- Illustration of pulmonary fibrosis
- Pulmonary Fibrosis Open the pop-up dialog box
- Pulmonary fibrosis is a lung disease that occurs when lung tissue is damaged and scarred. This thickened and stiff tissue makes it difficult for your lungs to function properly. As the pulmonary fibrosis worsens you will gradually become short of breath.
Scars associated with pulmonary fibrosis can be caused by a variety of factors. However, in most cases, doctors cannot pinpoint the cause of the problem. If no cause can be found, it is called idiopathic pulmonary fibrosis. Pulmonary fibrosis Treatment in Nizamabad
Lung damage from pulmonary fibrosis cannot be fixed, but medications and therapies can sometimes help relieve symptoms and improve quality of life. A lung transplant may be appropriate for some people.
Signs and symptoms of pulmonary fibrosis can include:
- Shortness of breath (difficulty breathing)
- A dry cough
- Inexplicable weight loss
- Muscle and joint pain
- Widening and rounding of the fingertips or toes (baton)
Pulmonary fibrosis heals and thickens the tissue around and between the air sacs (alveoli) of your lungs. This makes it harder for oxygen to get through your bloodstream. Damage can be caused by many different factors – including long-term exposure to certain toxins, certain medical conditions, radiation therapy, and certain drugs. Pulmonary fibrosis Treatment in Nizamabad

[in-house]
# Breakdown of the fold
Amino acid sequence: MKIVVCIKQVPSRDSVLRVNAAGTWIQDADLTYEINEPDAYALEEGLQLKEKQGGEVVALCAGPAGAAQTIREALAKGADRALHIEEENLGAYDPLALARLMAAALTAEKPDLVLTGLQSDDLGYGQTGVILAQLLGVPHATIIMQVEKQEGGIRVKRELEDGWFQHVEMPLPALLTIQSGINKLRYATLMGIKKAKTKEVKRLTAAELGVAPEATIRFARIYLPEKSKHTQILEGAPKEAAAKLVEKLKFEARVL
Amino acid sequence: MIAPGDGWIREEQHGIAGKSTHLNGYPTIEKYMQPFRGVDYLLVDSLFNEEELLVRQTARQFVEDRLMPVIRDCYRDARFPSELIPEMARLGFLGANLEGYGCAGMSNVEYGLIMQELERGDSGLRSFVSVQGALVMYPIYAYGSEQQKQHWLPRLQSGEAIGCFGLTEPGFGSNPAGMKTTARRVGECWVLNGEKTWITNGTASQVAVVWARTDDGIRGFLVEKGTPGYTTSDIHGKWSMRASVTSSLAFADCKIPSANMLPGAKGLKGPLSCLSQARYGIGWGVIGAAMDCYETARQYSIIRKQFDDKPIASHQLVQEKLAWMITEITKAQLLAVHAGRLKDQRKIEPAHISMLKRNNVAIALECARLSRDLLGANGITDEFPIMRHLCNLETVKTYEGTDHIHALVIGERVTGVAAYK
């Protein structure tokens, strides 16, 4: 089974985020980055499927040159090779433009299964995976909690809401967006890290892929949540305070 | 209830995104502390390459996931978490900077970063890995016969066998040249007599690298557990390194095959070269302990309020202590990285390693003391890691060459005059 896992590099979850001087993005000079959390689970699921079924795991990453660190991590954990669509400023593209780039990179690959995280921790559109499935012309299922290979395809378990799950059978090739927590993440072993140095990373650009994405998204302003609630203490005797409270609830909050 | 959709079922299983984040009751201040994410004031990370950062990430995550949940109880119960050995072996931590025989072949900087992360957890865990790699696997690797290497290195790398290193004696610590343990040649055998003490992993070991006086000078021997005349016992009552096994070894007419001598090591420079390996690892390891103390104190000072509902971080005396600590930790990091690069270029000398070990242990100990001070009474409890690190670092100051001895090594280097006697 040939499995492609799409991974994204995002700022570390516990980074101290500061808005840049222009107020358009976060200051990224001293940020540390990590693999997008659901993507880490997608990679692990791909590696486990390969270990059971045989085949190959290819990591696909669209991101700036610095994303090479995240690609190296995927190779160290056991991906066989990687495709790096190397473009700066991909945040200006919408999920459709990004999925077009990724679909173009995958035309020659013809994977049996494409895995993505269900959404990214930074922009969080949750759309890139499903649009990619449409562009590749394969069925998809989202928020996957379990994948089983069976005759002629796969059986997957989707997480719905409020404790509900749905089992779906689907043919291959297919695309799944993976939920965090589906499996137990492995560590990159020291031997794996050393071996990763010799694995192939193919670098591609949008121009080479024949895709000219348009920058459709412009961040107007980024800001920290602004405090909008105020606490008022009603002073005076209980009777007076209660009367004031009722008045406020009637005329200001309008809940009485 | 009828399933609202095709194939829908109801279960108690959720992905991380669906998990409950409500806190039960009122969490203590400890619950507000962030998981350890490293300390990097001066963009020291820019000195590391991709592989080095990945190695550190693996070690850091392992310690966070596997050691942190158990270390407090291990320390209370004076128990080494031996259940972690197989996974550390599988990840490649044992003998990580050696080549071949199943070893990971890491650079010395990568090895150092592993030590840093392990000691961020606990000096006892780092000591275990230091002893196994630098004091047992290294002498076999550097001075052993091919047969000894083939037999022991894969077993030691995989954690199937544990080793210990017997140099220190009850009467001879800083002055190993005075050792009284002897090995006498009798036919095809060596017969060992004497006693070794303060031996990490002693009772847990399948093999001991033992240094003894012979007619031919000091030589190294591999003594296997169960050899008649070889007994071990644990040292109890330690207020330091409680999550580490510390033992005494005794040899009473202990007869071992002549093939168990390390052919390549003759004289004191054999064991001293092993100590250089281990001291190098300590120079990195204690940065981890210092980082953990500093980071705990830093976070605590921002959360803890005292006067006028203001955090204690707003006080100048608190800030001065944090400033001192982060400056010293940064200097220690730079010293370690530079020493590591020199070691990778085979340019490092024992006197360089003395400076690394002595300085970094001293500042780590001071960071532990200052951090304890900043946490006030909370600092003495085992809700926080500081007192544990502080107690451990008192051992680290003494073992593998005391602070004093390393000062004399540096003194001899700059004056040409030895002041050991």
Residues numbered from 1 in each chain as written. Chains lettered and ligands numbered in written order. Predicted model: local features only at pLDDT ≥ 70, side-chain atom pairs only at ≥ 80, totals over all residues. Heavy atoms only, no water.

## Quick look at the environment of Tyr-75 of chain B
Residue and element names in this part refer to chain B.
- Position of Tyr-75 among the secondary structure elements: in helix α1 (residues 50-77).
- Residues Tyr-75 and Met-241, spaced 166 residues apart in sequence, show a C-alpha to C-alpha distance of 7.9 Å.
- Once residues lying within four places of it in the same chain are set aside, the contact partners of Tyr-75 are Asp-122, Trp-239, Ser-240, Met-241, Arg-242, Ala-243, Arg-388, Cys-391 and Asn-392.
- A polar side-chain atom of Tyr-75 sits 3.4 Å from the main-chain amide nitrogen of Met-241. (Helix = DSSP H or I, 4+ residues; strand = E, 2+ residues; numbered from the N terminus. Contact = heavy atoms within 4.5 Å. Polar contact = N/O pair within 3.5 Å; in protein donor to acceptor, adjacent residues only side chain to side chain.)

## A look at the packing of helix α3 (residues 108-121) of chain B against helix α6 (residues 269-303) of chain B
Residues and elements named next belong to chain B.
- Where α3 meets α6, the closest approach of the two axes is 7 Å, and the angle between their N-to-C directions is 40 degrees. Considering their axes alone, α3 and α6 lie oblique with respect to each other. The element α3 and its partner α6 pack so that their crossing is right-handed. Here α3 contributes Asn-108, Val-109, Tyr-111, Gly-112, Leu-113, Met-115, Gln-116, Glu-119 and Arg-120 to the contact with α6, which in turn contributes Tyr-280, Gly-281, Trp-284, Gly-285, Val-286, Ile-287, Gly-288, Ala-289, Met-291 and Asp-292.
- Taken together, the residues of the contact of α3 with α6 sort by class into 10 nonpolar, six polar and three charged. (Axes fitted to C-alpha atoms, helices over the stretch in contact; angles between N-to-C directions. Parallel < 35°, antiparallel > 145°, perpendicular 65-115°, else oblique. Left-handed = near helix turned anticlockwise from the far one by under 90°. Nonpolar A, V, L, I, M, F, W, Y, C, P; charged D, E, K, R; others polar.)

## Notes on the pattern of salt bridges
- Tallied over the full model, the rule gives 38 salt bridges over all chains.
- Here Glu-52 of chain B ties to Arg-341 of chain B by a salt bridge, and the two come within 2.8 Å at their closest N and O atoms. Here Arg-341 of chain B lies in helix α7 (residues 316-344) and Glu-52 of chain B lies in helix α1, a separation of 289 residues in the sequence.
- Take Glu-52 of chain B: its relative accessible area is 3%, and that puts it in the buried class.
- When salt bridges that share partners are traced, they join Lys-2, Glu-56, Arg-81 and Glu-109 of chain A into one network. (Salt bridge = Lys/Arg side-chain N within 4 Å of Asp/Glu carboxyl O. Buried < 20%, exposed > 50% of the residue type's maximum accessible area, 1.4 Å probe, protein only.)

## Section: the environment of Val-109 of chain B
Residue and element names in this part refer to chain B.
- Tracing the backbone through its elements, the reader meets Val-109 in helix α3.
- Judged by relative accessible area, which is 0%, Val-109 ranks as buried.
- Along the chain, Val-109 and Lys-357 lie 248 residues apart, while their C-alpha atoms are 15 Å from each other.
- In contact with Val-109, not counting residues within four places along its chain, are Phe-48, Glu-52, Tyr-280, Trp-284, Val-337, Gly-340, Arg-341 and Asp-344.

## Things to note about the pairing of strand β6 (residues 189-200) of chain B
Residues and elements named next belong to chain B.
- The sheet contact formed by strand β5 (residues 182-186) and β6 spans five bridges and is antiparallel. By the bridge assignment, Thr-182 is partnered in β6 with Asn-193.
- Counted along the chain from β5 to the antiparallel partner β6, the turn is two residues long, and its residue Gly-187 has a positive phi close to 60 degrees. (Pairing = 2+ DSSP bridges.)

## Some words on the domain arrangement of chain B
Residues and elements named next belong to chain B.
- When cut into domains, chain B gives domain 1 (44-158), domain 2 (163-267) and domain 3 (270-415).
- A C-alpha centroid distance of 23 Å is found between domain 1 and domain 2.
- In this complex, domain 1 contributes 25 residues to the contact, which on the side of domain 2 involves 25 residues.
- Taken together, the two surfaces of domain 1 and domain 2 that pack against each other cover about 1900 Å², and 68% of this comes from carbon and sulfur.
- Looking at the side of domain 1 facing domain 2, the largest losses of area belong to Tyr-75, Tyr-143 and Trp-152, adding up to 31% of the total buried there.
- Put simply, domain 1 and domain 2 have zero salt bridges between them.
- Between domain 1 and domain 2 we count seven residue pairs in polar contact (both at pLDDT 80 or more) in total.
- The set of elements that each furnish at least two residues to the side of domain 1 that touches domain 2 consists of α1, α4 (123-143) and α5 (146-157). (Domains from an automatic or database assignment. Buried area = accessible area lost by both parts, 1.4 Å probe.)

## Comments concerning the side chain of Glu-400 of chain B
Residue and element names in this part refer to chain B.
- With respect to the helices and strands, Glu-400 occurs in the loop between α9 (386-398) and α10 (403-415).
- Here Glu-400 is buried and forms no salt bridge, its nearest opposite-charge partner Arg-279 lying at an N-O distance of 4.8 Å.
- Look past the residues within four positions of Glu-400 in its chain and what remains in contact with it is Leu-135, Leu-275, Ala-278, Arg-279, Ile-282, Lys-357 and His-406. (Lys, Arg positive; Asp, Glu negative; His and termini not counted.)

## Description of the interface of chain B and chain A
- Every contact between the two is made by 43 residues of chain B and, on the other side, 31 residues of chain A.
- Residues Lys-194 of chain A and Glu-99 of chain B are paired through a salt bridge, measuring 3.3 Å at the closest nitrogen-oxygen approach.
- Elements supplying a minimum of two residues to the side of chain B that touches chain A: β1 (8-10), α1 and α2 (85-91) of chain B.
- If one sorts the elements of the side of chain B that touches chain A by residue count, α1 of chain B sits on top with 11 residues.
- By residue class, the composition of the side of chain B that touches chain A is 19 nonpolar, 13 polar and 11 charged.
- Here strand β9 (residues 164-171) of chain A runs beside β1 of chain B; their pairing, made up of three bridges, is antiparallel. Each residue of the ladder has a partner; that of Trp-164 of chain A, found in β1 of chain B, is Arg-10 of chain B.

Professional and environmental factors
Long-term exposure to a number of toxins and pollutants can damage your lungs. These include:
- Fumed silica
- Asbestos fibers
- Hard metal dust
- Coal dust
- Grain dust
- Bird and animal droppings
Some of the factors that make you more prone to developing pulmonary fibrosis include:
- Age. Although pulmonary fibrosis has been diagnosed in children and infants, the disorder is much more likely to affect middle-aged and elderly adults.
- Sex. Idiopathic pulmonary fibrosis is more likely to affect men than women.
- Smoke. Much more smokers and former smokers develop pulmonary fibrosis than people who have never smoked. Pulmonary fibrosis can occur in patients with emphysema.
- Certain professions. You are at an increased risk of developing pulmonary fibrosis if you work in mining, agriculture, or construction, or if you are exposed to pollutants known to damage your lungs.
- Cancer treatments. Breast radiation therapy or the use of certain chemotherapy drugs can increase your risk of pulmonary fibrosis.
- Genetic factors. Certain types of pulmonary fibrosis run in families, and genetic factors can be a component.